The Dangers of Horse Obesity

Obesity amongst horses is on the rise. During the late 1990s, the National Animal Health Monitoring System (NAHMS) estimated that only 5% of the horse population was obese. However, a 2008 Scottish study found that 45% of 319 riding horses were considered fat, with 10% categorised as obese.

What causes obesity?

There are many factors for the rise of obesity in horses; one of the factors is overfeeding. Whether it’s the quality of feed or if you have rich pastures for your horse to graze freely, horses will often over eat when given the opportunity.  Another factor is lack of education on equine nutrition. Most horse owners generate most of their equine nutrition knowledge from feed dealers or fellow horse lovers rather than from trained nutritionists or veterinarians. Another concern is lack of exercise. Not only is exercising beneficial in reducing weight gain, it circulates your horses’ blood flow to help with regular movement. Horses that are confined to stalls for long periods of time are at risk of edema (swelling caused by build up of liquid).

Health issues associated with horse obesity

Weight gain in your horse can lead to severe and debilitating symptoms. From an increased risk of arthritis, heart disease, and lung issues, these diseases put your horse at greater risk for contracting more severe symptoms such as laminitis and lipomas.

Laminitis is the inflammation of multiple blood vessels within the horse’s hoof. Not only is this a very painful condition but it can also be fatal. Equine obesity increases the risk of laminitis, and can affect your horse’s other systems. While fatty tumours known as lipomas (usually found in obese or older horses) can wrap along the small fold of the stomach near the small intestine causing direct blockage or strangulation which can result in colic.

In addition to conditions such as laminitis and lipomas, obesity can negatively affect your horse’s heat tolerance. Horse’s who are more over weight than others will struggle to keep them selves cool in hotter weather or during exercise as they have much more fatty tissue insulating their body. This will result in heavier sweating and the horse will therefore loose more liquid than a healthy horse who does not need to sweat as much.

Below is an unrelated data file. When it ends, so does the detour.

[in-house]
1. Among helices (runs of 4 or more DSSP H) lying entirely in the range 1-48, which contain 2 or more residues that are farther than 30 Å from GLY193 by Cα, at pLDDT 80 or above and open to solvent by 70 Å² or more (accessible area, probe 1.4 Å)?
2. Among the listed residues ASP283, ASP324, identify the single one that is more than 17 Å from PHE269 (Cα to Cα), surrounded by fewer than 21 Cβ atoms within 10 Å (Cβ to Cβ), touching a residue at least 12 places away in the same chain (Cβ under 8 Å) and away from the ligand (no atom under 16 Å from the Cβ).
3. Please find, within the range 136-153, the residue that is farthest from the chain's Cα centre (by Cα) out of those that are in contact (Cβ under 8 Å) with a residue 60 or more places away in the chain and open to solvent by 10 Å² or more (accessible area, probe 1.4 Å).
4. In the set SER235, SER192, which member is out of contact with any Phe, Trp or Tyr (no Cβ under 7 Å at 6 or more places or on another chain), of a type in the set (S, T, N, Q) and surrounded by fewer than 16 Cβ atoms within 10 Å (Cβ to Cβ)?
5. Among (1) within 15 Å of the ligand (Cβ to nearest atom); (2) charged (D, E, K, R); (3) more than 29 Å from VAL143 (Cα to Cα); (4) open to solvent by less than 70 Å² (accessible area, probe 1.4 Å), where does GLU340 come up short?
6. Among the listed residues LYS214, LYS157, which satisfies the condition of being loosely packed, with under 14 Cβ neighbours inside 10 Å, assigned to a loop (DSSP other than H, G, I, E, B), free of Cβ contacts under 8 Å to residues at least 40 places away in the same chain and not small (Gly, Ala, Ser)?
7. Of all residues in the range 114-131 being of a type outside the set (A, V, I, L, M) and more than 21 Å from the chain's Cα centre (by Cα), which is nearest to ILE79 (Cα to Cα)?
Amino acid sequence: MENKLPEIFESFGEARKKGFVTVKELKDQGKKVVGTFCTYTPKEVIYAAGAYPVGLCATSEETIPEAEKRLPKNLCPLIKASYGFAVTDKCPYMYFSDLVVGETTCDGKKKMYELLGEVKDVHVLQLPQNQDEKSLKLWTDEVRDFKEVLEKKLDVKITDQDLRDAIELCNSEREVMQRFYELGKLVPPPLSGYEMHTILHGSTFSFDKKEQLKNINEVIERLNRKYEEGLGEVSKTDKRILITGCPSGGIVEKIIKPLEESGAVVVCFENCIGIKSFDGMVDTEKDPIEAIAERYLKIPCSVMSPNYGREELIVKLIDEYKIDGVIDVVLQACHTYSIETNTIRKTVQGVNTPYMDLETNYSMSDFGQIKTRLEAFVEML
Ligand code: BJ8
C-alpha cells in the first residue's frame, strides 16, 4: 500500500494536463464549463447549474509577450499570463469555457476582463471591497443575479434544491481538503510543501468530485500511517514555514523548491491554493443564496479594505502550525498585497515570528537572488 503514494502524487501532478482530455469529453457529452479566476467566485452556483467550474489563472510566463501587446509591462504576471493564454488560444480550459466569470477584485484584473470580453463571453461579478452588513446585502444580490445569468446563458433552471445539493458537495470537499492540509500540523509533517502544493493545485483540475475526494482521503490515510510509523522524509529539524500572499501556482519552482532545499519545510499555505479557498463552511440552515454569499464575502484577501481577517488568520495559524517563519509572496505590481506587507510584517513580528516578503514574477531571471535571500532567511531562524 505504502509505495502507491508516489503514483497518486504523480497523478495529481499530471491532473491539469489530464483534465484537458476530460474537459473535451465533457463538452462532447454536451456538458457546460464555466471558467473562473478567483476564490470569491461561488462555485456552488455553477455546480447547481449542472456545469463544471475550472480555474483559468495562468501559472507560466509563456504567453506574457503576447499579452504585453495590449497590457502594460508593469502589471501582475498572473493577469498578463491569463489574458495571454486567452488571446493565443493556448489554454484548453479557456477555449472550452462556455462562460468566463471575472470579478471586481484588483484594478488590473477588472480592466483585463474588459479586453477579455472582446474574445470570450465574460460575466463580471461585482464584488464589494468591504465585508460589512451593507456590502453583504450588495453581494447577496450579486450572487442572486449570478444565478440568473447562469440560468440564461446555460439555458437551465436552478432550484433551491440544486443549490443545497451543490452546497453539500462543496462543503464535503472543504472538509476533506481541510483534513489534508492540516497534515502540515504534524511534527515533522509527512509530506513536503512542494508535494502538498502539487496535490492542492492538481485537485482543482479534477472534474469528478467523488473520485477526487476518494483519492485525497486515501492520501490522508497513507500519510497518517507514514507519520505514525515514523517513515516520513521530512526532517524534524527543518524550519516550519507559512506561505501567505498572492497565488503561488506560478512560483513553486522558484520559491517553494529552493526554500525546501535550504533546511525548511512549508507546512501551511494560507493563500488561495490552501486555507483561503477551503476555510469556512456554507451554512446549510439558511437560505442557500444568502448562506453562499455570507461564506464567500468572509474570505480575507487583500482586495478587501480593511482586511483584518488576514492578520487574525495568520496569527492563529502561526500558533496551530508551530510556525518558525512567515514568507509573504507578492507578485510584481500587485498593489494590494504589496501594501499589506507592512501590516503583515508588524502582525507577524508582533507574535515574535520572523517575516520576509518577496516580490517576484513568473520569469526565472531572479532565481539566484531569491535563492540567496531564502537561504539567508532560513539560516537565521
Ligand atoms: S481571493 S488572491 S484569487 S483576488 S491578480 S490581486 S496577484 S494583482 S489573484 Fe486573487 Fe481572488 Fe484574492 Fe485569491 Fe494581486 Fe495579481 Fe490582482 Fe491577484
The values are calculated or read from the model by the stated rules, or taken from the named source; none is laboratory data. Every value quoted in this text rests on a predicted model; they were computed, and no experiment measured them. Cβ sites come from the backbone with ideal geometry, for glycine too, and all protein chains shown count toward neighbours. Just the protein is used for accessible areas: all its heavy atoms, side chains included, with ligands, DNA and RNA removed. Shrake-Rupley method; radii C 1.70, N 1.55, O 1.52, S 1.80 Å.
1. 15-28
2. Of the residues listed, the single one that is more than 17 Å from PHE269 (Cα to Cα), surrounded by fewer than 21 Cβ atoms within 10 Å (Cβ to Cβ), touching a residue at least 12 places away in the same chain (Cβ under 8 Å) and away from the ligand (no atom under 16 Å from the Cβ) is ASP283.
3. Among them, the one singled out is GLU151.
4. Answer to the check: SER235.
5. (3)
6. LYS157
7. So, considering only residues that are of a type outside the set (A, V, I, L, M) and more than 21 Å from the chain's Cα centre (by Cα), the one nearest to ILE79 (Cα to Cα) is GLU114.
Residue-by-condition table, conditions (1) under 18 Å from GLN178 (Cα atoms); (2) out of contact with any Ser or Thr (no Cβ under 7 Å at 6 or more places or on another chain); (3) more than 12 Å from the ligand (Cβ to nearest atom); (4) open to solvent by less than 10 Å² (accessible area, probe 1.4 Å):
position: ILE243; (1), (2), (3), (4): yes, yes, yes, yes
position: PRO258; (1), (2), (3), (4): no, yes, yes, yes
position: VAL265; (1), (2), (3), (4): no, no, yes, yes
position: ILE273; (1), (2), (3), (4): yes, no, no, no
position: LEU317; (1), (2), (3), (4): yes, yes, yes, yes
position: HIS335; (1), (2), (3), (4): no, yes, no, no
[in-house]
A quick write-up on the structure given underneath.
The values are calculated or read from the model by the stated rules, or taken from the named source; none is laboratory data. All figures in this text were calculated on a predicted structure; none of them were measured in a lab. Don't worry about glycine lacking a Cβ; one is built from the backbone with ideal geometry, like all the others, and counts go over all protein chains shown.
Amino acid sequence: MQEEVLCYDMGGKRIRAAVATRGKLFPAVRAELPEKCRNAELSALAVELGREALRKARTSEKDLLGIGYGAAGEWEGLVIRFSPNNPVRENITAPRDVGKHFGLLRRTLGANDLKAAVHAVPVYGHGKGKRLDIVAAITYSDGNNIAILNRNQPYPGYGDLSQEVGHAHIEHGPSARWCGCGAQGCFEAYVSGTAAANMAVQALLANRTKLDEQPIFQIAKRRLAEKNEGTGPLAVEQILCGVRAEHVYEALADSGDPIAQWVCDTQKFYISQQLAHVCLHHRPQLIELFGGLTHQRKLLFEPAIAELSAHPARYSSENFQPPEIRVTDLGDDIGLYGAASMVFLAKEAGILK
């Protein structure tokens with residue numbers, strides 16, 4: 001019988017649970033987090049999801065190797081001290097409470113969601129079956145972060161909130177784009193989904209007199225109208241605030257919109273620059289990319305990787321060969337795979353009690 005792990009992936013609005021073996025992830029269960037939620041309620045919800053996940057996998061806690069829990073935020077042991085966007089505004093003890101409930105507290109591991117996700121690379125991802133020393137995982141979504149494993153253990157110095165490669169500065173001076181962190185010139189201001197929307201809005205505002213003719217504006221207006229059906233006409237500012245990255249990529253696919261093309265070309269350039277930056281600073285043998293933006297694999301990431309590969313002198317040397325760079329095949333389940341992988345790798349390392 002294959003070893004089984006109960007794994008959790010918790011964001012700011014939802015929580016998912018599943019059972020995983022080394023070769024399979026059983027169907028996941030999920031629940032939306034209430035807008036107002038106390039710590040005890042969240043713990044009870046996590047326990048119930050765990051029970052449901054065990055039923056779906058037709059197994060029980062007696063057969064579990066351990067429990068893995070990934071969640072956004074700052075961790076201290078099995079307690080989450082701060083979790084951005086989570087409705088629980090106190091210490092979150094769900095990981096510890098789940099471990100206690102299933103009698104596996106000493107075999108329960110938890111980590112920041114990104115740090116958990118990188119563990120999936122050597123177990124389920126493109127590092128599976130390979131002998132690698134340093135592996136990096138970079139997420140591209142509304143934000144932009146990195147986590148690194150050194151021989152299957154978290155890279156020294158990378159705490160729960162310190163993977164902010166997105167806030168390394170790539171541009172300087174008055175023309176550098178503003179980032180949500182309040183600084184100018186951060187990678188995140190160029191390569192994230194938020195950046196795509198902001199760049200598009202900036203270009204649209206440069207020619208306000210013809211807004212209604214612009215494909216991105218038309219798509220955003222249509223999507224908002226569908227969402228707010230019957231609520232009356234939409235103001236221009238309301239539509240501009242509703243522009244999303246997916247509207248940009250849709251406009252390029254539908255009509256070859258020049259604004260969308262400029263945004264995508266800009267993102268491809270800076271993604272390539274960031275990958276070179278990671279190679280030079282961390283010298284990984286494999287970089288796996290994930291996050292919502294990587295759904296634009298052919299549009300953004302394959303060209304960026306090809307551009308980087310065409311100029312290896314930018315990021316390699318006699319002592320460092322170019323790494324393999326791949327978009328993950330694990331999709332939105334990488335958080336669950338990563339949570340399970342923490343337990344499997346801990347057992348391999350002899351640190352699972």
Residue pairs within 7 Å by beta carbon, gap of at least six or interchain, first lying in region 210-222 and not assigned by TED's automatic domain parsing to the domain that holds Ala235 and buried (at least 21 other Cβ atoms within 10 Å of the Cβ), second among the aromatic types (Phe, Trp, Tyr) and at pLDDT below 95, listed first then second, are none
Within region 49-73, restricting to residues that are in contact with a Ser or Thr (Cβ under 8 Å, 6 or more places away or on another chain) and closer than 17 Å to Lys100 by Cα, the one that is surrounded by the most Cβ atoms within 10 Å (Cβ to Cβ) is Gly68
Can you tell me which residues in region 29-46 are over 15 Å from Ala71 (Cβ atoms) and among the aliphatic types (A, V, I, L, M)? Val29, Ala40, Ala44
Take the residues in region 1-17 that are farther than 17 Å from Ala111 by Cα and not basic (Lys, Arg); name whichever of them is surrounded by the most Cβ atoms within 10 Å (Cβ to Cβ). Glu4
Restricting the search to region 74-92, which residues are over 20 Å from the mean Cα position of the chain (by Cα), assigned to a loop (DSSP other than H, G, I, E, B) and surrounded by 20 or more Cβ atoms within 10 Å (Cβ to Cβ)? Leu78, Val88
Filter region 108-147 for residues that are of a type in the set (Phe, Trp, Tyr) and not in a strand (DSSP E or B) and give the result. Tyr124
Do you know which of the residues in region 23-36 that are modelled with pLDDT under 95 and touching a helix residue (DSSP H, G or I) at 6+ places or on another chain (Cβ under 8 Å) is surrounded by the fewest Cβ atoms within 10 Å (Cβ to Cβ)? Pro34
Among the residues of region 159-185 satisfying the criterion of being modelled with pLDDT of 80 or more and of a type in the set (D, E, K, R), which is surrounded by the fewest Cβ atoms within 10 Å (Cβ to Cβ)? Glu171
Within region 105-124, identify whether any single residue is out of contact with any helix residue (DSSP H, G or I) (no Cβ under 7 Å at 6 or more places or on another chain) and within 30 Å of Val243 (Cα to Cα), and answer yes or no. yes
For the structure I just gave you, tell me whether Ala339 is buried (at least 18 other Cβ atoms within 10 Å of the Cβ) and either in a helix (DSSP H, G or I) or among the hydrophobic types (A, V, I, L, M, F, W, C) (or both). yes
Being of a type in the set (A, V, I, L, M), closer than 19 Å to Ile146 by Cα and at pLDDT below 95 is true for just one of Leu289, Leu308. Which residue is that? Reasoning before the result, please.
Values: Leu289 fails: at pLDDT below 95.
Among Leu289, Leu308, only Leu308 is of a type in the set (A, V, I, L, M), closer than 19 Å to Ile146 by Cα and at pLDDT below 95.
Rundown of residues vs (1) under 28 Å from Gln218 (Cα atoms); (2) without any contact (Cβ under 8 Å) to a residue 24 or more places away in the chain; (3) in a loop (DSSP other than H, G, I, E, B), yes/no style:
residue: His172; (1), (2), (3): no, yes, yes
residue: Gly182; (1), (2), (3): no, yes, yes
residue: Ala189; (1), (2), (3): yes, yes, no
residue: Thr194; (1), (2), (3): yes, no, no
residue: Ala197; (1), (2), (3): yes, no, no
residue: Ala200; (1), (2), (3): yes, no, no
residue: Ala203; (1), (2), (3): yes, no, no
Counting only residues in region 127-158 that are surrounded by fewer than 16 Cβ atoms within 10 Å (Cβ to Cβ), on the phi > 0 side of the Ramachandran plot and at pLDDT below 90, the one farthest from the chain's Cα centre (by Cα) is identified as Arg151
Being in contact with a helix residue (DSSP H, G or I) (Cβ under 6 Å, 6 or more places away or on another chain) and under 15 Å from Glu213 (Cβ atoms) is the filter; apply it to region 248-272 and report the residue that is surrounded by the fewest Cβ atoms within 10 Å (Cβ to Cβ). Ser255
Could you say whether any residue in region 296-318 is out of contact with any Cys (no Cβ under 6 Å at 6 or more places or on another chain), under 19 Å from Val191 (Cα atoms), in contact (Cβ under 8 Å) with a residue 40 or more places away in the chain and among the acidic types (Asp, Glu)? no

How to tell if your horse is overweight

It can be very difficult to know what your horse’s ideal weight should be. However, there are several tools that you can use. A great tool in determining your horse’s weight is a weighbridge, also known as a scale. If you are unable to use a weighbridge, a weigh-tape is a vital tool to keep in your tack box. Not only are they inexpensive to buy, when used regularly it will help you monitor your horse’s weight gain and loss. This will help you become more accurate with feeding and potential medication that your horse may need.

Another practical method for assessing your horse’s weight is body scoring. If done correctly, body scoring can help you maintain your horse’s healthy weight. The best way to be accurate is feeling your horse for fat cover over their neck and shoulders, back and bottom. Using just the appearance to body score can be misleading as it may feel completely different.

Where to look for fat 

There are several areas on the horse that fatty tissue usually sits:

  • The neck, especially the ‘crest’ located under the mane
  • The withers and backbone along either side
  • The shoulder blades
  • The ribs
  • The bony points of the pelvis and croup (point of hip and tail head)
  • The view of the rump from behind

How to lose the weight

In order for your horse to lose weight, it is important to feed them the right diet and ensure they have regular, suitable exercise. Reducing your horse’s weight should be a slow and steady process as losing weight too quickly can lead to major health risks. Make sure your horse is consuming a lot of water to rid the body of waste and to ensure its digestive system is running efficiently. To make the most of your horse’s weight loss regime, make sure you continue to feed your horse with the correct nutrients, vitamins and minerals. Once you have your horse at its ideal weight, continue to make sure that it’s receiving proper exercise and a balanced diet.

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